const createdDate = new Date(token.created)
    const created = Math.round(createdDate.getTime() / 1000)
    const ttl = 1209600
    const expiry = created + ttl

    // if the token has expired return false
    if (created > expiry) return false

    // otherwise, dispatch the token to our setClient action
    // which will update our redux state with the token and return true
    dispatch(setClient(token))
    return true
  }

  return false
}

// .. rest of file

All we're doing is checking to see if they have a token and seeing if it's expired. If they have a token, we'll update our redux state with it and let them move on. If not, we'll return false. Both of the other authorizers, upon false, will redirect them to the login page.

The file in its final form:

import { setClient } from '../client/actions'

function checkAuthorization (dispatch) {  
  // attempt to grab the token from localstorage
  const storedToken = localStorage.getItem('token')

  // if it exists
  if (storedToken) {
    // parse it down into an object
    const token = JSON.parse(storedToken)

    // this just all works to compare the total seconds of the created
    // time of the token vs the ttl (time to live) seconds
    const createdDate = new Date(token.created)
    const created = Math.round(createdDate.getTime() / 1000)
    const ttl = 1209600
    const expiry = created + ttl

    // if the token has expired return false
    if (created > expiry) return false

    // otherwise, dispatch the token to our setClient action
    // which will update our redux state with the token and return true
    dispatch(setClient(token))
    return true
  }

  return false
}

export function checkIndexAuthorization ({ dispatch }) {  
  // by having a function that returns a function we satisfy 2 goals:
  //
  // 1. grab access to our Redux Store and thus Dispatch to call actions
  // 2. Return a function that includes all the proper .. properties that
  //    React Router expects for us to include and use
  //
  // `nextState` - the next "route" we're navigating to in the router
  // `replace` - a helper to change the route
  // `next` - what we call when we're done messing around
  //
  return (nextState, replace, next) => {
    // we'll make this in a minute - remember begin with the end!
    // If we pass the authentication check, go to widgets
    if (checkAuthorization(dispatch)) {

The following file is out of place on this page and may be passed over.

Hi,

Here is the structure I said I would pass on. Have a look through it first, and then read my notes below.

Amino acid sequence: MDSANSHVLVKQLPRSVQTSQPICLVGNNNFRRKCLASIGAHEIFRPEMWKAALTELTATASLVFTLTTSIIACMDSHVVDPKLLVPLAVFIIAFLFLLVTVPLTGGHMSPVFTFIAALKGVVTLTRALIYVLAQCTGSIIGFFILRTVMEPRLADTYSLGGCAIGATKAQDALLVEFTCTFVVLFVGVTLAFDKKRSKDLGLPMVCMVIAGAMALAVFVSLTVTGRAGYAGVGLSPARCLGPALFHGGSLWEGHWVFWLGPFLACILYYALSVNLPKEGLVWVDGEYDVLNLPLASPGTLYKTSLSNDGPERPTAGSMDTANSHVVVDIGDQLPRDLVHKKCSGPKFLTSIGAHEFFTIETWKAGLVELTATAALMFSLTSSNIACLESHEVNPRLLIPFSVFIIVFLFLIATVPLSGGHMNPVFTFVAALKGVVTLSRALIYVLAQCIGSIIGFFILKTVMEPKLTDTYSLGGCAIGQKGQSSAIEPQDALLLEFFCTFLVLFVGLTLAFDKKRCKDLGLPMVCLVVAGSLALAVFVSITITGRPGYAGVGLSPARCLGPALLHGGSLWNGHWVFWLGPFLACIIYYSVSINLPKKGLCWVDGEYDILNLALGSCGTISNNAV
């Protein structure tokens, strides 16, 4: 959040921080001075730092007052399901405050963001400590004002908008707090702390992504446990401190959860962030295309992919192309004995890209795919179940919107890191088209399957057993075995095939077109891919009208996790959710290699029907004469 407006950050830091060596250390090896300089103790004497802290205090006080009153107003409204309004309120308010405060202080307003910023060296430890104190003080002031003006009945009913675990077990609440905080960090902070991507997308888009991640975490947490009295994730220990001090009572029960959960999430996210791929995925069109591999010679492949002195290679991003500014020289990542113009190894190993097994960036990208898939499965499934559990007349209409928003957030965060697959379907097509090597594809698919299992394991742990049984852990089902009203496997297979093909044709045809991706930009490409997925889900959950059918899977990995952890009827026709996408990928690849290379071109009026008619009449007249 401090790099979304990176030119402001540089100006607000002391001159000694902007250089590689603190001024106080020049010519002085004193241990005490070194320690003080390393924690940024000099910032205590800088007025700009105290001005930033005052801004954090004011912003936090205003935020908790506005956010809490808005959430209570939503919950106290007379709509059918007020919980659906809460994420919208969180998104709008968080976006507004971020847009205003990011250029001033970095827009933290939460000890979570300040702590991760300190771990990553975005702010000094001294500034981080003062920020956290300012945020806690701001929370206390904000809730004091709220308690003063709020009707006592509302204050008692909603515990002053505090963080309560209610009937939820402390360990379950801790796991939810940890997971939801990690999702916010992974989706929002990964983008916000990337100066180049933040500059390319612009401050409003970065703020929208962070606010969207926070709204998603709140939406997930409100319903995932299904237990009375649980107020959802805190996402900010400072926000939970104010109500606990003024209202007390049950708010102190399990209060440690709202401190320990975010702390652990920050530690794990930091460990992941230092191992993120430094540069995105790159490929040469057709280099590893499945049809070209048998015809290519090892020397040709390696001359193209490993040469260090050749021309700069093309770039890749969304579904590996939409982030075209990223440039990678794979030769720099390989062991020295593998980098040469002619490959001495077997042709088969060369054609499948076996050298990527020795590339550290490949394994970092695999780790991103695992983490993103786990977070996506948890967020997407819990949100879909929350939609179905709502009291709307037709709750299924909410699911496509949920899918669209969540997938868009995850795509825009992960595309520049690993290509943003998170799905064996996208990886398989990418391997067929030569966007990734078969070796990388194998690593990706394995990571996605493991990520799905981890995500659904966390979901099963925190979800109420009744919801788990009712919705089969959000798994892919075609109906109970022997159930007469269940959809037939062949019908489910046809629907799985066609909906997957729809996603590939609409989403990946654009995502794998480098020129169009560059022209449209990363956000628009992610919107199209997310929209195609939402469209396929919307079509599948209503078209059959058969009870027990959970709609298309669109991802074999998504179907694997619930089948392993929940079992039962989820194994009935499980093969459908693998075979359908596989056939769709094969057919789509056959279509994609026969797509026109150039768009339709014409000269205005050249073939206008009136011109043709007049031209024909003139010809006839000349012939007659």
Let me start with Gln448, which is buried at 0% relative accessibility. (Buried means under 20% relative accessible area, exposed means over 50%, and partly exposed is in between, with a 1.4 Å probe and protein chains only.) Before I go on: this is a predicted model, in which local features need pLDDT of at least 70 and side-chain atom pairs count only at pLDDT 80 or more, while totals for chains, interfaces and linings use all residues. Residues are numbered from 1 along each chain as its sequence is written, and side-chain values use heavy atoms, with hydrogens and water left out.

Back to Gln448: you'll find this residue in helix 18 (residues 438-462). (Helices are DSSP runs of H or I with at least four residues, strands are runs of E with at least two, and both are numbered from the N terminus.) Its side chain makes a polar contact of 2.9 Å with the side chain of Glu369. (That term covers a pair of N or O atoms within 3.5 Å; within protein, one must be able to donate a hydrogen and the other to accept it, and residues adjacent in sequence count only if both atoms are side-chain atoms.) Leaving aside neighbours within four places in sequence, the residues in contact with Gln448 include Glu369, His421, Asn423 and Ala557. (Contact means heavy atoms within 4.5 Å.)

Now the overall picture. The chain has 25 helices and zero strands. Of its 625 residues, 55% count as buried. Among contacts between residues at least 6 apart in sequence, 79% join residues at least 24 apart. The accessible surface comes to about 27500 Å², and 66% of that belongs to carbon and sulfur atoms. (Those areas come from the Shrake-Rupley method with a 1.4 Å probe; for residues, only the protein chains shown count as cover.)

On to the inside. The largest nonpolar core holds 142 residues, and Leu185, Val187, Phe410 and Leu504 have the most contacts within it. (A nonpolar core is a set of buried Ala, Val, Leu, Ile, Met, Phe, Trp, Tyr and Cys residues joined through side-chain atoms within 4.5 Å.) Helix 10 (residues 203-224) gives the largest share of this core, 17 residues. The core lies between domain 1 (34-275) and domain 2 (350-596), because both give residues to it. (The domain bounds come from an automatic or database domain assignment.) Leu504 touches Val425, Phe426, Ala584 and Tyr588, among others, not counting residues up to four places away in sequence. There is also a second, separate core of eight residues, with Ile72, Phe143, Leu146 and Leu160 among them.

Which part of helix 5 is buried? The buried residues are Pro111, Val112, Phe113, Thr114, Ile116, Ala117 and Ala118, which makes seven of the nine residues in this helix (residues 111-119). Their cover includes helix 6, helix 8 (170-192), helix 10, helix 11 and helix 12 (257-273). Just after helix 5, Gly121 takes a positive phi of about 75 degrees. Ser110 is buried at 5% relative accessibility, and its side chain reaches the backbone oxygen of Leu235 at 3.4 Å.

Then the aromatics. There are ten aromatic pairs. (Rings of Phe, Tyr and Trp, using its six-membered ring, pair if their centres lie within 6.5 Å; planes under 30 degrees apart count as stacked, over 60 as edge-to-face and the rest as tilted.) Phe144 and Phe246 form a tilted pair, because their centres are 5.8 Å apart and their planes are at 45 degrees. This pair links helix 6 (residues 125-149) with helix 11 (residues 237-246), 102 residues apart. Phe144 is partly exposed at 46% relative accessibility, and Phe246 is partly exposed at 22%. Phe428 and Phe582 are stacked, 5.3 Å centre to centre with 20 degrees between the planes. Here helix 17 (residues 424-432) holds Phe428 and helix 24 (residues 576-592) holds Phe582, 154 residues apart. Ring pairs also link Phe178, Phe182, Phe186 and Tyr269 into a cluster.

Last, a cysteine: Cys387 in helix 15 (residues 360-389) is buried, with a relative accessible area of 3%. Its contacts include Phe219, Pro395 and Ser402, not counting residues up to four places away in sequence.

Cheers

replace('widgets')

      return next()
    }

    // Otherwise let's take them to login!
    replace('login')
    return next()
  }
}

export function checkWidgetAuthorization ({ dispatch, getState }) {  
  // Same format - we do this to have the Redux State available.
  // The difference is that this time we also pull in the helper
  // `getState` which will allow us to.....
  // ....
  // get the state.
  //
  return (nextState, replace, next) => {
    // reference to the `client` piece of state
    const client = getState().client

    // is it defined and does it have a token? good, go ahead to widgets
    if (client && client.token) return next()

    // not set yet?  Let's try and set it and if so, go ahead to widgets
    if (checkAuthorization(dispatch)) return next()

    // nope?  okay back to login ya go.
    replace('login')
    return next()
  }
}

AWESOME.

Now if you don't have a token set and try to navigate to the /widgets route you'll automatically be redirected to /login. Additionally, if you DO have a token set and navigate to the / route, you'll be taken to the /widgets route!

If you'd like the /login route to behave the same way, just modify it to be:

<Route onEnter={checkIndexAuthorization(store)} path="/login" component={Login} />  

We'd then need to add the following to the checkIndexAuthorization function"

if (nextState.location.pathname !== '/login') replace('login')  
return next()  

Of course a better name would probably be in store for it. I left it off of the route just in case you'd like to go back to /login and refresh your token, view it, etc.

note: you can delete your token by opening up your developer console panel, navigating to application, clicking on Local Storage in the side panel, clicking on our localhost:3000 and deleting the token

note: if you want to test the unauthed process easily, just open up an incognito window which will have no token.

Summary

What'd we accomplish?

  1. Modeling our Login State
  2. Setting up our Login Actions and Constants
  3. Stepping through and creating our Login Saga
  4. Learning about the fun loop feature of Sagas
  5. Handling authorization!

You can see the entirety of this code base at:

https://github.com/jcolemorrison/redux-sagas-authentication-app

And the code specific to this section at:

https://github.com/jcolemorrison/redux-sagas-authentication-app/tree/login

In Part 3

We'll setup with creating and fetching Widgets as an authenticated user!

Be sure to signup for updates!


As usual, if you find any technical glitches or hiccups PLEASE leave a comment or hit me up on twitter or with a message!


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J Cole Morrison

J Cole Morrison

http://start.jcolemorrison.com

Startup Engineering, former Techstars Hackstar and AWS Solutions Architect. Based out of Sacramento, California.

J Cole Morrison

J Cole Morrison

Startup Engineering, former Techstars Hackstar and AWS Solutions Architect. Based out of Sacramento, California.

Practical and Professional Devops with AWS, Docker, and Node.js